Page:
Carson City Sheriff’s officers using new body cameras |

Carson City Sheriff’s officers using new body cameras

The employees with the Carson City Sheriff’s Office have been upgraded, with the implementation of their new body cameras.

Per the new legislative statute, all law enforcement agencies in Nevada will be required to outfit their officers with body cameras. As per the statute, all agencies have to have them operational by July 1, but Carson City was able to roll their cameras out the second week of June.

Every deputy, sergeant and investigator will be equipped with the cameras, which are mounted on the front of their uniforms. Due to funding restrictions, the department is only able to staff each individual officer, but not the vehicles as well.

“More than 10 years ago we did have cameras in the cars, but fiscally it was impossible to continue,” Furlong said.

Because the statute is still new, the Sheriff’s Office had to create policies to determine when deputies can and should turn on their cameras.

“Our policy shadows the law, but theirs isn’t as specific as ours is,” said Capt. Jeff Melvin. “We don’t turn them on at the beginning of our shift and off at the end, it is running all the time but when we come into contact with the public in an enforcement capacity then we start recording until the call for service is finished.”

Melvin also said if a normal contact becomes adversarial they will also turn on the camera. One restriction comes into play when an officer is inside a residence, as it turns into a possible question of privacy rights.

“We want to respect the privacy rights of our contacts, so the officers will have to weigh the value of the video against the value of those rights and to do that, look at reasons like why we are there, why we are recording and what the nature of the privacy issue is at that moment,” Melvin said.

The cameras also create challenges in recording the totality of an incident.

“I am skeptical that the public at large fully understands the limitations of the camera,” Furlong said.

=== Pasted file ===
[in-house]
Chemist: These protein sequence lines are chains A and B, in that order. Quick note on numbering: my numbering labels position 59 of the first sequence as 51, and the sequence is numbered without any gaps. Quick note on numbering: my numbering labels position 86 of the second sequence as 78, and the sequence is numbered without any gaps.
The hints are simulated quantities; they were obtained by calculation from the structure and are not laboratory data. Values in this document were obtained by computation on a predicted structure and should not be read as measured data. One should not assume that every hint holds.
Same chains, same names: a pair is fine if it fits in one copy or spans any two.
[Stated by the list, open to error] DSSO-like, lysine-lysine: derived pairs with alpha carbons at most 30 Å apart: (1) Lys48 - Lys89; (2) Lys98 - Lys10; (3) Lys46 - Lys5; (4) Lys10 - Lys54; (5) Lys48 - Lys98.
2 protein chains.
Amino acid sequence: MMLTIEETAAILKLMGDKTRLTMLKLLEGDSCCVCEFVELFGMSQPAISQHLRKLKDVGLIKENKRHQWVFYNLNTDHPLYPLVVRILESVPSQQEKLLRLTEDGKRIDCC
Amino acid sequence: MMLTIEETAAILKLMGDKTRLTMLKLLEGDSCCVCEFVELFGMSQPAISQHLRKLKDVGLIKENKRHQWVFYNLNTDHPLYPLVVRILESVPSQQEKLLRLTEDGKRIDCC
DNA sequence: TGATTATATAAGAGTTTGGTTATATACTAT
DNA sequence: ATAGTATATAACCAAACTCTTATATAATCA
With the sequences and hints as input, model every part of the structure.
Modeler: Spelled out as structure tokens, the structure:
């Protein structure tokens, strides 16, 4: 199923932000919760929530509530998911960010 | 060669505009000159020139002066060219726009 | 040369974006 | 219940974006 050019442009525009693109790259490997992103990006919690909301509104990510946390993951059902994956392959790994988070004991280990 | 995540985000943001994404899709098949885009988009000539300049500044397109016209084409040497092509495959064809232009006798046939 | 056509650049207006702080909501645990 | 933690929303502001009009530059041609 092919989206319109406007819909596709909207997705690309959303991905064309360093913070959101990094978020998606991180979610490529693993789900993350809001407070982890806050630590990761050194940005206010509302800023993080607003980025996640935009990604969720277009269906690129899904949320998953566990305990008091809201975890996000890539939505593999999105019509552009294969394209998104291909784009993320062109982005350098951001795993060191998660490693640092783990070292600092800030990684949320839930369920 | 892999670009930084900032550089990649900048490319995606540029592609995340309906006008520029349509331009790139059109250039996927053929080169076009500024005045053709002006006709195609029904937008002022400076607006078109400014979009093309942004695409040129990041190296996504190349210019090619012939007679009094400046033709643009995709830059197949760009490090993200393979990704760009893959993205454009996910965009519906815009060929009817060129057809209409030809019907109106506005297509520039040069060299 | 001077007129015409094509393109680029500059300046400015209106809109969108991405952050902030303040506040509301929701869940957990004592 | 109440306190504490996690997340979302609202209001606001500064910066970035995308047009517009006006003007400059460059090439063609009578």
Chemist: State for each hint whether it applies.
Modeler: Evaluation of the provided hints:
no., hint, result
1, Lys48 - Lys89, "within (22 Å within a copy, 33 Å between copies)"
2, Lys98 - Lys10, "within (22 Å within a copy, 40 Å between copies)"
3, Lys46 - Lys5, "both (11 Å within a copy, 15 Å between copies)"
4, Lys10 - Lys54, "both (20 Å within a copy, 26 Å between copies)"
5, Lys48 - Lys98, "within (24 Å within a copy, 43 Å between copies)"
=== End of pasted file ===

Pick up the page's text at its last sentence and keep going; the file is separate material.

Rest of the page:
For example, because the camera is mounted to the chest, it only captures what is directly in front of the officer.

“If something happens to the side and the officer has turned his head to look at something, the camera isn’t going to necessarily capture that unless the officer turns his full body,” Furlong said. “The body cameras offer a very narrow view of the incident and it isn’t necessarily capturing everything the officer sees.”

The same issue goes for when officers are in the vehicle. For example, if an officer suspects a DUI in progress, the camera isn’t necessarily going to record what the suspect vehicle was doing until the officer steps out of his vehicle.

“Sitting in the car, you can turn on your camera, but all you are going to be able to see is the dashboard,” Furlong said.

Furlong said another issue they’re finding is building the muscle memory for the officers to remember to turn it on.

“When you get into that spontaneous emergency they have to have that muscle memory and at what point do you turn it on?” Furlong said. “That muscle memory means training your body to do things without thinking of it and while they are training, they will have to do it over and over again before they can do it without thinking of it.

“It will be several months before it is run efficiently and at least a year before we are comfortable with program usage and management.”

The deputies also don’t have access to the footage the camera takes, as it’s immediately encrypted and stored in the system’s infrastructure, meaning there’s no way they can alter or edit it.

Footage is stored for certain intervals of time, depending on the severity of the incident. A misdemeanor crime is stored for one year, a felony for three years and critical incidents are kept indefinitely. If it isn’t tagged for a crime or assigned a case number, then the incident is kept for shorter than a year.

Some footage can be viewed by involved parties through the department’s civil office, however, criminal footage won’t be available as it will be subpoenaed. The department is still working out exactly how the public can obtain that footage.

Every deputy has been trained with the camera before being issued one. And Melvin said the transition has been well received but not necessarily smooth.

“They just have to get used to it, it is a part of our job that we haven’t done before so it is learning to remember it,” Melvin said. “Everyone sees the value of being able to have our perspective out there. It provides and helps get our side of the story out there.”